The project responds to the Norwegian government and NORGLOBAL-2’s ambition to gain a deeper understanding of transitional justice in peacebuilding processes. Further, the knowledge generated by this project can help the international community achieving the aims of Sustainable Development Goal 16, as it identifies the role of judicial processes in “reduc[ing] all forms of violence” and shows the need to “[p]romote the rule of law,” both during and after conflicts. Armed conflicts continue to have devastating effects on the lives of millions of people throughout the world. The failure to hold perpetrators of human rights violations and war crimes accountable contributes to a culture of impunity, which further perpetuates civil war and violence. The project’s main motivation is to provide knowledge on how to permanently end conflict and advance rule of law in conflict-affected societies.
A complete description of the project will be made available to interested candidates upon request.

Read more and download project data at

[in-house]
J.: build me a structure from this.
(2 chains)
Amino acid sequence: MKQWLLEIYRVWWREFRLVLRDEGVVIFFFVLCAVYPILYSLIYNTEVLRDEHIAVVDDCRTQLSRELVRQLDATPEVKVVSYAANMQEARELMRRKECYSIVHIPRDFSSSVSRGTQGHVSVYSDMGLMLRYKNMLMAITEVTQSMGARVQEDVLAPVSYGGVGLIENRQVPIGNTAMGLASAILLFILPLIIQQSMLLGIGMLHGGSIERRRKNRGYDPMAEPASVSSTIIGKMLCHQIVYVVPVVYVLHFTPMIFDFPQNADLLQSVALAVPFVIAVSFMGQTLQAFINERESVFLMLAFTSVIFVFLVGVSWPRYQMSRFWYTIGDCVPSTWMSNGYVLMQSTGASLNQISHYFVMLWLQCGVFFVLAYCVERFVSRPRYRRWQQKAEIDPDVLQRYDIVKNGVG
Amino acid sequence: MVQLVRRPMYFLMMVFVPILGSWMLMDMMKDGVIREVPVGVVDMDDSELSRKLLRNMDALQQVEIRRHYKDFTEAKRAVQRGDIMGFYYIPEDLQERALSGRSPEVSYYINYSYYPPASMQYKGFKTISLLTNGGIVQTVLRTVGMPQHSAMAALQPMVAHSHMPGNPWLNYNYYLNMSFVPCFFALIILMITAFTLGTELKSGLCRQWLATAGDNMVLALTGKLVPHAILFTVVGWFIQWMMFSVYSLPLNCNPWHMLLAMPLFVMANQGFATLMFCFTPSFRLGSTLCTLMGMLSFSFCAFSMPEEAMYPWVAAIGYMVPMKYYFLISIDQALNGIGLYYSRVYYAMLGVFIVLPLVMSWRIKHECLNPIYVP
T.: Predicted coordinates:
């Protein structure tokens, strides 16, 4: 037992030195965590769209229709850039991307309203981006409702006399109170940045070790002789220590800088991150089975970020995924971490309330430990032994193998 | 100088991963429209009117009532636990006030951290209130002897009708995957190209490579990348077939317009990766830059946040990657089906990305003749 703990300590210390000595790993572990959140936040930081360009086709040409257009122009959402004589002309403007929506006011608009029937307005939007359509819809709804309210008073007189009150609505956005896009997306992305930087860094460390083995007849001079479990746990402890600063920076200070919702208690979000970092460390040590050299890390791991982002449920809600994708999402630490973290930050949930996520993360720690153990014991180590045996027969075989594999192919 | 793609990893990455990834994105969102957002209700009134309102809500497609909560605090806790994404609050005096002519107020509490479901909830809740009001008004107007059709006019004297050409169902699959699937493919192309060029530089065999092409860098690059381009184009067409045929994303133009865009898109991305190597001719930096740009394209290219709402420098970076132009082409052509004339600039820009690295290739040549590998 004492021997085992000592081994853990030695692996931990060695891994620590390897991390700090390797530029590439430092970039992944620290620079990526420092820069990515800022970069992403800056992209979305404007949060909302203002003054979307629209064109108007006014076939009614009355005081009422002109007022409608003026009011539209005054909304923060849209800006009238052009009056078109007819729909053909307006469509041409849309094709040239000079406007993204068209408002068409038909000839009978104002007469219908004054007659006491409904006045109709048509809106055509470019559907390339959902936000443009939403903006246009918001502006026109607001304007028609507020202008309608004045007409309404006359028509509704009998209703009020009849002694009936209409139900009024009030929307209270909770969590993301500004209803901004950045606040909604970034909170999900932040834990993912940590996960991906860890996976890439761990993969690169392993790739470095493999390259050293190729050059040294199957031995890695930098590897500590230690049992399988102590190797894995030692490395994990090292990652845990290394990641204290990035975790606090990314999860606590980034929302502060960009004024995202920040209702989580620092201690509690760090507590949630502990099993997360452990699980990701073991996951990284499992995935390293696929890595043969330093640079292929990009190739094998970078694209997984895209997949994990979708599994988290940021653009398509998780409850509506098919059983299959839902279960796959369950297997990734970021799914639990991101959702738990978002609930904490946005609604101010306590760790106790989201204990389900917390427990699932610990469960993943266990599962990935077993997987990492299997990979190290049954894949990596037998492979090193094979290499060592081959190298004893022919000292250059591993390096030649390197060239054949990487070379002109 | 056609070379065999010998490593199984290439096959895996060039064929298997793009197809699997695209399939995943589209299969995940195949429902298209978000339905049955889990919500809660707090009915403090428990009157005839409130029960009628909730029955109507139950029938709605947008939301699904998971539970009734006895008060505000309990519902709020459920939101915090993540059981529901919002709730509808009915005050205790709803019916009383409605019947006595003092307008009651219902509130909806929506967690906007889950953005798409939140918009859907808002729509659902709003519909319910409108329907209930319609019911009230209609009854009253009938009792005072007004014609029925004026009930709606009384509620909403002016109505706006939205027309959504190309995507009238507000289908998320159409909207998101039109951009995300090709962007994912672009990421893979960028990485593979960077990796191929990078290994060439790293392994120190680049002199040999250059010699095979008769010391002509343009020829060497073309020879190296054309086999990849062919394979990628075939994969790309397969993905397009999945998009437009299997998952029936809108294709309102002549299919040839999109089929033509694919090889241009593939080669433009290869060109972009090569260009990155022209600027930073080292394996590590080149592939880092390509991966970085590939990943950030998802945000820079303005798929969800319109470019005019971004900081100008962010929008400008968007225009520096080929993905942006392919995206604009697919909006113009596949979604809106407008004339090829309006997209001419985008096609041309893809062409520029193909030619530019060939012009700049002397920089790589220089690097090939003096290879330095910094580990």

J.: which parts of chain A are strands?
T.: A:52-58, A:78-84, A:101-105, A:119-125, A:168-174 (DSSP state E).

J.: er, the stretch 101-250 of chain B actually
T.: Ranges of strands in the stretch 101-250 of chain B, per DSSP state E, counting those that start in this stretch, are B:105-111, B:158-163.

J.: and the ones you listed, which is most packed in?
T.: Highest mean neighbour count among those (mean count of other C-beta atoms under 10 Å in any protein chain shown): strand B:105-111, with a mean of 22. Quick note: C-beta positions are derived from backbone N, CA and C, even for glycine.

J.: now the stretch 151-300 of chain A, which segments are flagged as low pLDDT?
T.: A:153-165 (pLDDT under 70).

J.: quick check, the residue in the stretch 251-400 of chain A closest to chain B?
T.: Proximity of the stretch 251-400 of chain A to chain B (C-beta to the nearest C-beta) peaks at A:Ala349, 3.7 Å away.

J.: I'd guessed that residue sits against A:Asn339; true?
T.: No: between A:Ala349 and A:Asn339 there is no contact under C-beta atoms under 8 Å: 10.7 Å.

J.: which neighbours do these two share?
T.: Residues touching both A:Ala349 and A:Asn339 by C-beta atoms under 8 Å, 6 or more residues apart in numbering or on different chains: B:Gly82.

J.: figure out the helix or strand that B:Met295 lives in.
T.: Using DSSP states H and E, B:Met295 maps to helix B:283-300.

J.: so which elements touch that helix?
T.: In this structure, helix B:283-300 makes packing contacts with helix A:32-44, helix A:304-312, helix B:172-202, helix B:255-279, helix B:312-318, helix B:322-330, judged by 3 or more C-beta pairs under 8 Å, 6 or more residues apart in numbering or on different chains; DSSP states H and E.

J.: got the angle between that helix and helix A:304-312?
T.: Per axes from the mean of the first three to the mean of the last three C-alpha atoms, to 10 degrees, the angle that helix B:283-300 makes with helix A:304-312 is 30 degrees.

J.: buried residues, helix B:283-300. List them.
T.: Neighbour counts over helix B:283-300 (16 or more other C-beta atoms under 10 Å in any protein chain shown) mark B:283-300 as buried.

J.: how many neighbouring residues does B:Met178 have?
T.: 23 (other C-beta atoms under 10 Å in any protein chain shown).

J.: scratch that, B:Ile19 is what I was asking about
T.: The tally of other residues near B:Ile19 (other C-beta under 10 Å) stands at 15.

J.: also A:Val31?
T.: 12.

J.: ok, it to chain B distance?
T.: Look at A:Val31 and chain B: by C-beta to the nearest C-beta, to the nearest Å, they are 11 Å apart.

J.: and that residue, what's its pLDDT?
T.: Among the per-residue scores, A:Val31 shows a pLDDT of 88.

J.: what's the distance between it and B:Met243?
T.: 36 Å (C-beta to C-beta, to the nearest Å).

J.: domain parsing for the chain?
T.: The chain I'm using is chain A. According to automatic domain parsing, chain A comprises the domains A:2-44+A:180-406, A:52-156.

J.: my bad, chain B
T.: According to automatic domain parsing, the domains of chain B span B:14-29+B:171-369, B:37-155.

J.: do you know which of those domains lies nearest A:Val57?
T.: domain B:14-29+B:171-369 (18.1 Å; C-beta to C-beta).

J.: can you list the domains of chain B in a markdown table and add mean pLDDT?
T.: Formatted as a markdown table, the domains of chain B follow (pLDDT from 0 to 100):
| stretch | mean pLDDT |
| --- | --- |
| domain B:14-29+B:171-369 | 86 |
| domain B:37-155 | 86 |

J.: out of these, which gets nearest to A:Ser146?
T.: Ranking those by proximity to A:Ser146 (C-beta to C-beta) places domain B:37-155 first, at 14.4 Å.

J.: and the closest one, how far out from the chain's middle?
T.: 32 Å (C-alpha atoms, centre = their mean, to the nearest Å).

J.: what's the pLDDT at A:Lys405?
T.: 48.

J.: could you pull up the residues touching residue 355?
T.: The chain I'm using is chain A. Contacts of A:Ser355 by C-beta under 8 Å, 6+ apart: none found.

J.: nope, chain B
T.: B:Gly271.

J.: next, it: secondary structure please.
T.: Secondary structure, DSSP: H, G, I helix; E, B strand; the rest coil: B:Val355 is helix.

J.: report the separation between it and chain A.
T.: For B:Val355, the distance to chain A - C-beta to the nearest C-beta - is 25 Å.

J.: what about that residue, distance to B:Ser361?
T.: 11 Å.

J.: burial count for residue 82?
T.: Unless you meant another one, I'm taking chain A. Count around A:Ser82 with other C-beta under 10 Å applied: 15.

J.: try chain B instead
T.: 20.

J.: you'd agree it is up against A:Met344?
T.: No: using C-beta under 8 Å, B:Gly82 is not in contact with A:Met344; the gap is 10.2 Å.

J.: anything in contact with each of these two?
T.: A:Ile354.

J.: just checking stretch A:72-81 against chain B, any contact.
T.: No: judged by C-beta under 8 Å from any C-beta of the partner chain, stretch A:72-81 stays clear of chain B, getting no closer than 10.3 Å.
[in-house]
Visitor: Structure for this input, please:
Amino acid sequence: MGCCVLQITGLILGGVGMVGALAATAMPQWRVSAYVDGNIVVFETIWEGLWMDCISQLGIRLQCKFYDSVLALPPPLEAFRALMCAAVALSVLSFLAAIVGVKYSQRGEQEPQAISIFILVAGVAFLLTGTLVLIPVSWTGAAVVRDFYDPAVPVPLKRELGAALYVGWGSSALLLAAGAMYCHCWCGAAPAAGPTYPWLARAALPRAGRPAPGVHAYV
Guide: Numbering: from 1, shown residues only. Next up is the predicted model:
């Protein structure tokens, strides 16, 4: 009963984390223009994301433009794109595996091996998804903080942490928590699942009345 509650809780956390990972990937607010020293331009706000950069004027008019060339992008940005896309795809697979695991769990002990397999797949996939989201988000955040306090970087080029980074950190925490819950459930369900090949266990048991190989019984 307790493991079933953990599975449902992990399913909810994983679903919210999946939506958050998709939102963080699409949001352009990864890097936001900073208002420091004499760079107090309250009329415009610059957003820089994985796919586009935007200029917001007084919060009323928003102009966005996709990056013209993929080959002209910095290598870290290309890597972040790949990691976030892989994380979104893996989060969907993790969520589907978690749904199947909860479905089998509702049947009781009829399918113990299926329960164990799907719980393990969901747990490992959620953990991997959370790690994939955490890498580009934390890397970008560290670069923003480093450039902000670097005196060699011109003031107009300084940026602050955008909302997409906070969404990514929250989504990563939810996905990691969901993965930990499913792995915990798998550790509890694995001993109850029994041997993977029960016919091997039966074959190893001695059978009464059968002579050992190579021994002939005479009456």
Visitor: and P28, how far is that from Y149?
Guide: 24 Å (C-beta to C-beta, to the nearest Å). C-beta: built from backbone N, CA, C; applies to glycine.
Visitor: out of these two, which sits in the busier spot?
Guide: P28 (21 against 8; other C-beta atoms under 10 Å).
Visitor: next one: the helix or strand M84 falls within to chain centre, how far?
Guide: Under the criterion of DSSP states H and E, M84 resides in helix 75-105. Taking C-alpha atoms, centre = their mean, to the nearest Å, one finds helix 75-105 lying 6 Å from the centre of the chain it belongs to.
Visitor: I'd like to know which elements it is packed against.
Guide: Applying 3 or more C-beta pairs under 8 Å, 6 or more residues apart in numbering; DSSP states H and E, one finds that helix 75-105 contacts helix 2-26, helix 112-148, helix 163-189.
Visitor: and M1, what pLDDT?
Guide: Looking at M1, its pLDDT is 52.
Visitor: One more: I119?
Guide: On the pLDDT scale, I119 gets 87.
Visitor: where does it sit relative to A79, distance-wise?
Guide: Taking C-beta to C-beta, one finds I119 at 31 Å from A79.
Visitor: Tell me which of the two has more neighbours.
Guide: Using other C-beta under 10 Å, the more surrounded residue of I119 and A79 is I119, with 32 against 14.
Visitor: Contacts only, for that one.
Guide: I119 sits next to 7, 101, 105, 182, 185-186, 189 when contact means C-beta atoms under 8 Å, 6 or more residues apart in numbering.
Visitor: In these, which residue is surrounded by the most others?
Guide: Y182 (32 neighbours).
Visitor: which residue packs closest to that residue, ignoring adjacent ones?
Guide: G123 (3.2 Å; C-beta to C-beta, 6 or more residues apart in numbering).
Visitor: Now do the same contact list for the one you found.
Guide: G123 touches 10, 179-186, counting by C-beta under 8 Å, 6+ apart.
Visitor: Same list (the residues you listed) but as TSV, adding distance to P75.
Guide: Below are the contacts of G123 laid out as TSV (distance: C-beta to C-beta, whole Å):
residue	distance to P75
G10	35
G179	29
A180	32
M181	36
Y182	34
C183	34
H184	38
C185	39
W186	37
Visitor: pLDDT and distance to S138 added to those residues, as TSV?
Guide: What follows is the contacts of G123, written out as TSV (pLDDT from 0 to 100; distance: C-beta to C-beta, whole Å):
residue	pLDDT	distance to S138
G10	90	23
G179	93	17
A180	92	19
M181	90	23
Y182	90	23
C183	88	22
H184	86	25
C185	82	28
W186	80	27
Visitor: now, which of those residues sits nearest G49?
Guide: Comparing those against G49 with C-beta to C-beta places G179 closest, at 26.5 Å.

The position of the Doctoral Researcher in the team

A successful application is one that makes clear how it will contribute innovatively to the project as a whole, and candidates are encouraged to read the background material closely before writing their proposal.

The Doctoral Researcher will work with researchers at PRIO, University of Oslo, and Pennsylvania State University.

The Doctoral Researcher will have a supervisor at PRIO, and a second supervisor at the PhD-granting institution. Progress on the doctorate will be supported through regular presentations at internal seminars and involvement in appropriate research groups at PRIO, and opportunities to present work at international academic conferences and workshops. The PhD progress plan will be closely tied to the overall project plan.

PRIO is an equal opportunity employer and values staff diversity.

Required and desired qualifications

 Applicants must have the following qualifications

     Hold an M.A. or equivalent
     Strong writing skills
     Be fluent in English (oral and written)

In addition, as many as possible of the following qualifications are desirable
     Background in social sciences
     Experience with fieldwork and semi-structured interviews
     Knowledge about armed conflict in Colombia and Latin America
     Be able to use Spanish as a working language (oral and written)
     Good understanding of, and preferably experience with, quantitative research
     Experience with teamwork